So here was Snapfish serving online; District fulfilling Snapfish and Kodak requirements as a wholesaler; District still toying with its own on-site. Seems as though all bases were covered in this business plan.
Imagine my surprise when I received a publicity release in August saying that Snapfish was opening a retail one-hour store in Alexandria, VA. What was that all about? An online service expanding into brick and mortar? I thought these segments were competitors.
Couldn't let that pass.
I connected with Raj Kapoor who put the pieces together for me. The new Snapfish store was formerly one of District's Snap Shops that changed its name and re-fitted itself to incorporate Snapfish online services at retail. All in the family.
Was this the beginning of a new District-Snapfish master plan? A chain of retail Snapfish stores?
The emphatic answer from Raj: "No." The purpose is to use the location as an experimental lab for Snapfish so that it can better understand the relationship between the customer, the retailer and the use of online services.
Why the effort? The plan, according to Raj, is to better educate itself so that it can develop programs to present to mass retailers who are interested in having their own online service to offer their digi-shooters. Snapfish wants to be, not only an online service under its own name, but to offer its expertise and infrastructure, via District, to other retailers to use under their own brand names.
"We want to be the online provider and offer a complete retail solution," Raj said. "Our target is the chain retailer where it's all about volume." He indicated discussions were ongoing with some accounts but would not identify any at this point.
Are there any plans to develop programs for an independent lab to become part of the District-Snapfish program? While Raj and Al Steinman give lip service to this possibility, I don't foresee it anytime soon.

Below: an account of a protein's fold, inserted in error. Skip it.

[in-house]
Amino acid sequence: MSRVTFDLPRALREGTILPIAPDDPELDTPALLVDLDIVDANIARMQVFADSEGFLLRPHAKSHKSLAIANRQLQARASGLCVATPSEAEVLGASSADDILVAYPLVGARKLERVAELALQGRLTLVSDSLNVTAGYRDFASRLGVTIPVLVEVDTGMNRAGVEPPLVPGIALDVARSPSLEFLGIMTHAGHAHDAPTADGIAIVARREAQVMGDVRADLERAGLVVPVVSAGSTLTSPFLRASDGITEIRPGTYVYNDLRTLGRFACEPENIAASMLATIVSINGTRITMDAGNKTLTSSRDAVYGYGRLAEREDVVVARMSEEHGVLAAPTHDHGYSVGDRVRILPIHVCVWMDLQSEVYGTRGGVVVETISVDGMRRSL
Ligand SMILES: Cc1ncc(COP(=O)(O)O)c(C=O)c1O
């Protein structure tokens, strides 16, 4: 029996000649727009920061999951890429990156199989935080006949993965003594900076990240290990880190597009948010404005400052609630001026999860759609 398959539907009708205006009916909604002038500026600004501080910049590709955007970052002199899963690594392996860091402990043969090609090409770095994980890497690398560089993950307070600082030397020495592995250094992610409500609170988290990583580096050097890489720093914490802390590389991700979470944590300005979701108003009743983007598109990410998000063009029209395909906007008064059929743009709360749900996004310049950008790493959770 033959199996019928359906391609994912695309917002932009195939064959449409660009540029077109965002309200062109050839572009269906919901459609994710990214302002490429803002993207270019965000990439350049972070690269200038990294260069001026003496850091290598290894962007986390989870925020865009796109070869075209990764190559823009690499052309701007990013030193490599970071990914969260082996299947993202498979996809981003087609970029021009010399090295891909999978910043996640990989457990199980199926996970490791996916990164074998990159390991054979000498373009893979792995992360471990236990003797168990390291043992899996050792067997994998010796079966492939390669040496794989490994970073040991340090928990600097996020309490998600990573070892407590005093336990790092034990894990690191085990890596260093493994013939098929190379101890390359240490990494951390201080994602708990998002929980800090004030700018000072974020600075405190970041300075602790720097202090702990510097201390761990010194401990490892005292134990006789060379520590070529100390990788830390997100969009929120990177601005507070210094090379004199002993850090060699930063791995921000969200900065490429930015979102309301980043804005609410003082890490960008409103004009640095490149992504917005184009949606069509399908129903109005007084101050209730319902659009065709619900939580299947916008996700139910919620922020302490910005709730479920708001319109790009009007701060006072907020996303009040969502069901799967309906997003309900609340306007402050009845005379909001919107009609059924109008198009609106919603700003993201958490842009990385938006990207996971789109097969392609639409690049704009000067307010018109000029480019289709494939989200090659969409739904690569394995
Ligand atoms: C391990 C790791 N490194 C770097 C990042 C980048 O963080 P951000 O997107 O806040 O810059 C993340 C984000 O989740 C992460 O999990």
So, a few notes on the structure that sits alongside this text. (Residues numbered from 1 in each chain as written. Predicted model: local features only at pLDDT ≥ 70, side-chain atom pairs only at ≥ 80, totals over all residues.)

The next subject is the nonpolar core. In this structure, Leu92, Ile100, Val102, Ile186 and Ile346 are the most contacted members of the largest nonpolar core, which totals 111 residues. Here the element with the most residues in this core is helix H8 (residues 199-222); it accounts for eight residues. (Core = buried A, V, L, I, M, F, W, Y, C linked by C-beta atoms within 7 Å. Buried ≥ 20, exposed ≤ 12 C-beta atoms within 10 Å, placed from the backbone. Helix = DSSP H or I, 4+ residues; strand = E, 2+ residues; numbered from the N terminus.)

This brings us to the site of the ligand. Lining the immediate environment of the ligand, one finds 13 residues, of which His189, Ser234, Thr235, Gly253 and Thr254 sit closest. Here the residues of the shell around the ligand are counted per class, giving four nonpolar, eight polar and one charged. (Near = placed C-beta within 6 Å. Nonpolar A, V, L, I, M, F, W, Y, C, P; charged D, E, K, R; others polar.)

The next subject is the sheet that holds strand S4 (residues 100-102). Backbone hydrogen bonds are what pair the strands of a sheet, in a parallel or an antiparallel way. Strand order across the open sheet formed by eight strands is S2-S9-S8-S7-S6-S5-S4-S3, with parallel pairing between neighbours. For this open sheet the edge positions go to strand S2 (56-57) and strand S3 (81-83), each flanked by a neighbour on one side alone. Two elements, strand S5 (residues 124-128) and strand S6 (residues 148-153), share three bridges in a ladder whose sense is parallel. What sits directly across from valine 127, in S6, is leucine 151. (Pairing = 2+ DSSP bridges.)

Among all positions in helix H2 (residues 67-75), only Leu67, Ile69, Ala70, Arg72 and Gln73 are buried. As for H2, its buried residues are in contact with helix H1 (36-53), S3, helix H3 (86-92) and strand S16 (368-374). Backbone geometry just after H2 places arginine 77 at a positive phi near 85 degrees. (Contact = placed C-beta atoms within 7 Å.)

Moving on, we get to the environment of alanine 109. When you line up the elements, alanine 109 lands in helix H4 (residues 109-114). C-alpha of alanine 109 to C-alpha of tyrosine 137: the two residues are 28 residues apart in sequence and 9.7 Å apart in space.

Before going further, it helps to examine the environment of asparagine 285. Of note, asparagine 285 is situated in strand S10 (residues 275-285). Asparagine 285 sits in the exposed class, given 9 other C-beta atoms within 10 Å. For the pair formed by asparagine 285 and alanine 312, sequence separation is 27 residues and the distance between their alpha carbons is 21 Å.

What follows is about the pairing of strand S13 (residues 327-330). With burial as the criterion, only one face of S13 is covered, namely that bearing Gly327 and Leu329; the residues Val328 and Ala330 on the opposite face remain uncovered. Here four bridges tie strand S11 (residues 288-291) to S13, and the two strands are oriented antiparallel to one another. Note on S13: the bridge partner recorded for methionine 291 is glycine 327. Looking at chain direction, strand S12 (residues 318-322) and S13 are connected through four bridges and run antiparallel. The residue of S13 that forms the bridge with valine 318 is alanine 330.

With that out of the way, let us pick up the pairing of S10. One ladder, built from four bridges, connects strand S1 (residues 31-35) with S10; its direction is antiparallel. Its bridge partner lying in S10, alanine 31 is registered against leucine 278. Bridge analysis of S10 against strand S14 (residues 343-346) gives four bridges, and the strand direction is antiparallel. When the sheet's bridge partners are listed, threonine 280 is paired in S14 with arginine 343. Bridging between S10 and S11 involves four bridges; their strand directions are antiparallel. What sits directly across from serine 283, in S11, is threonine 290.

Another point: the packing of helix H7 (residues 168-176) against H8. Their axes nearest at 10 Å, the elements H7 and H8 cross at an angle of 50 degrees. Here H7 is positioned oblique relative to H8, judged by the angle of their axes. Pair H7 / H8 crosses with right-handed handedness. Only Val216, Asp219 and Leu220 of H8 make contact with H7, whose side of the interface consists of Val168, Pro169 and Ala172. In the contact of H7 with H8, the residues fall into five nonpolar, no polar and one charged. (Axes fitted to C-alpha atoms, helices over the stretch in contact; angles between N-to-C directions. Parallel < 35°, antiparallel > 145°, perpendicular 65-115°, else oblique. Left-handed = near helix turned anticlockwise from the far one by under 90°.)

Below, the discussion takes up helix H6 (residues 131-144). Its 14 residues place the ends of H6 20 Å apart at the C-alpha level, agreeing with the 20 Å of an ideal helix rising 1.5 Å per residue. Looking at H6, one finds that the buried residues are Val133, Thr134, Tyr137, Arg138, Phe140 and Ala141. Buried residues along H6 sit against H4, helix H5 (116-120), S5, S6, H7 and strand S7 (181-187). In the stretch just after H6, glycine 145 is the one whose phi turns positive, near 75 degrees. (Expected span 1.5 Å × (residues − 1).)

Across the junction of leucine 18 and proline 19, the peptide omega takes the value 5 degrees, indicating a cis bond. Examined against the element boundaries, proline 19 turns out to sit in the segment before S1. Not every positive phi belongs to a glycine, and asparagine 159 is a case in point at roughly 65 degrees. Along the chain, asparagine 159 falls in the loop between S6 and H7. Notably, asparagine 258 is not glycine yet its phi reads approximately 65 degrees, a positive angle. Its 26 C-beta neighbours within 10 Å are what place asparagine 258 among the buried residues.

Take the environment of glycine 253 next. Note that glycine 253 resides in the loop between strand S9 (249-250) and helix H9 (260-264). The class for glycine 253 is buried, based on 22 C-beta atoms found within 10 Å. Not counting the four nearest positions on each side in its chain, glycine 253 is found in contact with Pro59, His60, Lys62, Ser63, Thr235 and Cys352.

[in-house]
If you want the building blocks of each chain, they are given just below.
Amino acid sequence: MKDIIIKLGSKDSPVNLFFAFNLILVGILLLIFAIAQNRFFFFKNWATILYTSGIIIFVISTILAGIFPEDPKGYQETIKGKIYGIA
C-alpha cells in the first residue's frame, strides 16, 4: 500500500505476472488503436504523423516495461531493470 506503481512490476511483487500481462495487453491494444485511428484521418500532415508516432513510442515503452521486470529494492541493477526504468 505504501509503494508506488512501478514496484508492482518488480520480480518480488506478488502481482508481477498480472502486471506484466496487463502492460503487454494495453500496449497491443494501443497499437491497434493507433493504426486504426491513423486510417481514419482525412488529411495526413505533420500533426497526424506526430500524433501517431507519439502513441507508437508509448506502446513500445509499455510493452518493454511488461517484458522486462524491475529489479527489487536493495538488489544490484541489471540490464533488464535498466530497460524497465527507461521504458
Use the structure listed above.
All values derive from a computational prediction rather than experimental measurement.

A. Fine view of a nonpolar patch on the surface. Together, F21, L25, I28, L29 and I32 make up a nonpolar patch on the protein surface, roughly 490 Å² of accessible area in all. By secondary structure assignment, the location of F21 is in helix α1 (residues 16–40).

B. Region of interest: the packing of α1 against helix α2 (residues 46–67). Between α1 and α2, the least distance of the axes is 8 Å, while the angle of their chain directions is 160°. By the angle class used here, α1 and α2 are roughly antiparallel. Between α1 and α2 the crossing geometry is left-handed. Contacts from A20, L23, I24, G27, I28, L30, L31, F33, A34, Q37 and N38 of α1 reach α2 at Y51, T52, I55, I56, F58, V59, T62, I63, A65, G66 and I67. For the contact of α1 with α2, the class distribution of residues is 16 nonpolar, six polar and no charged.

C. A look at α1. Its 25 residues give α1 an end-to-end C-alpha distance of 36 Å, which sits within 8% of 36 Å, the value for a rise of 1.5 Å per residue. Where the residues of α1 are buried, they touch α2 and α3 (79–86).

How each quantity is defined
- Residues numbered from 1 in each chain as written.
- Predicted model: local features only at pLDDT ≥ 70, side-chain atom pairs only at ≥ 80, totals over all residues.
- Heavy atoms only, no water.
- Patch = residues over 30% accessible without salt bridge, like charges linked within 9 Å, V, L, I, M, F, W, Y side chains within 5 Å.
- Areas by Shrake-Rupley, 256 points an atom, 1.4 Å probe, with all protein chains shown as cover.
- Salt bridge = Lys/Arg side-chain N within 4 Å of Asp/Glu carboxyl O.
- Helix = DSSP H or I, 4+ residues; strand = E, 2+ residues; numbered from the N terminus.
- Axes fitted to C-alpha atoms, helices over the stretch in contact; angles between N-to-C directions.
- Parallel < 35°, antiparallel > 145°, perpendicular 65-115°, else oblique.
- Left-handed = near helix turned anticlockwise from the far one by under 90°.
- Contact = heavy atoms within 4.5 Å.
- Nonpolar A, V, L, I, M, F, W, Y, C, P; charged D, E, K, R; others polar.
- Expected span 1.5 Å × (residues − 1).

Al said the online activity has become very significant for District whose prime business is still mail order. He looks at online as simply a replacement for the mail order envelope.
"There may be some tens of thousands of kiosks placed at retail," Al said, but for online "there is a kiosk in every home." "People don't have to stand in line. At home, they can relax."Snapfish signage has been used to brand what used to be a District Photo store.
Al said that the number of prints per online order are building up steadily and now exceed the 24-prints that we used to see in a typical roll of film. He expects that upward trend to continue.
What about pricing online? I check the Big Three onliners and find pricing as low as 15-cents a print on special promotion, though it seems that a price of about 20-22 cents, give or take, is where it's at. At retail the price leader seems to be Wal-Mart at about 24-cents. Costco may be down to 22-cents. How low can it go, Al? "The bottom line is, no one knows. If we can take out cost and produce a print for less, the consumer will benefit."
I was somewhat intrigued by the thought of a retail lab that
combined online services with on-site services. I made a trip to
Alexandria and met with Sharon Skinner, retail operations for Snap
Shops, a 25-year veteran with District, and Kim Morgan, the store
manager, to take a look.
The store is located in a busy, rather large outdoor mall on a major highway. District opened here 35 years ago as a traditional camera store and it has morphed along the way to emphasize on-site processing and allied products like albums, frames, film, etc. Now it's an online store, as well. It's a skinny 2,100 sq. ft. location with a 16-ft front. The new outdoor sign reads: Snapfish. A large Rite-Aid is just next door. "No competition for us," Sharon said.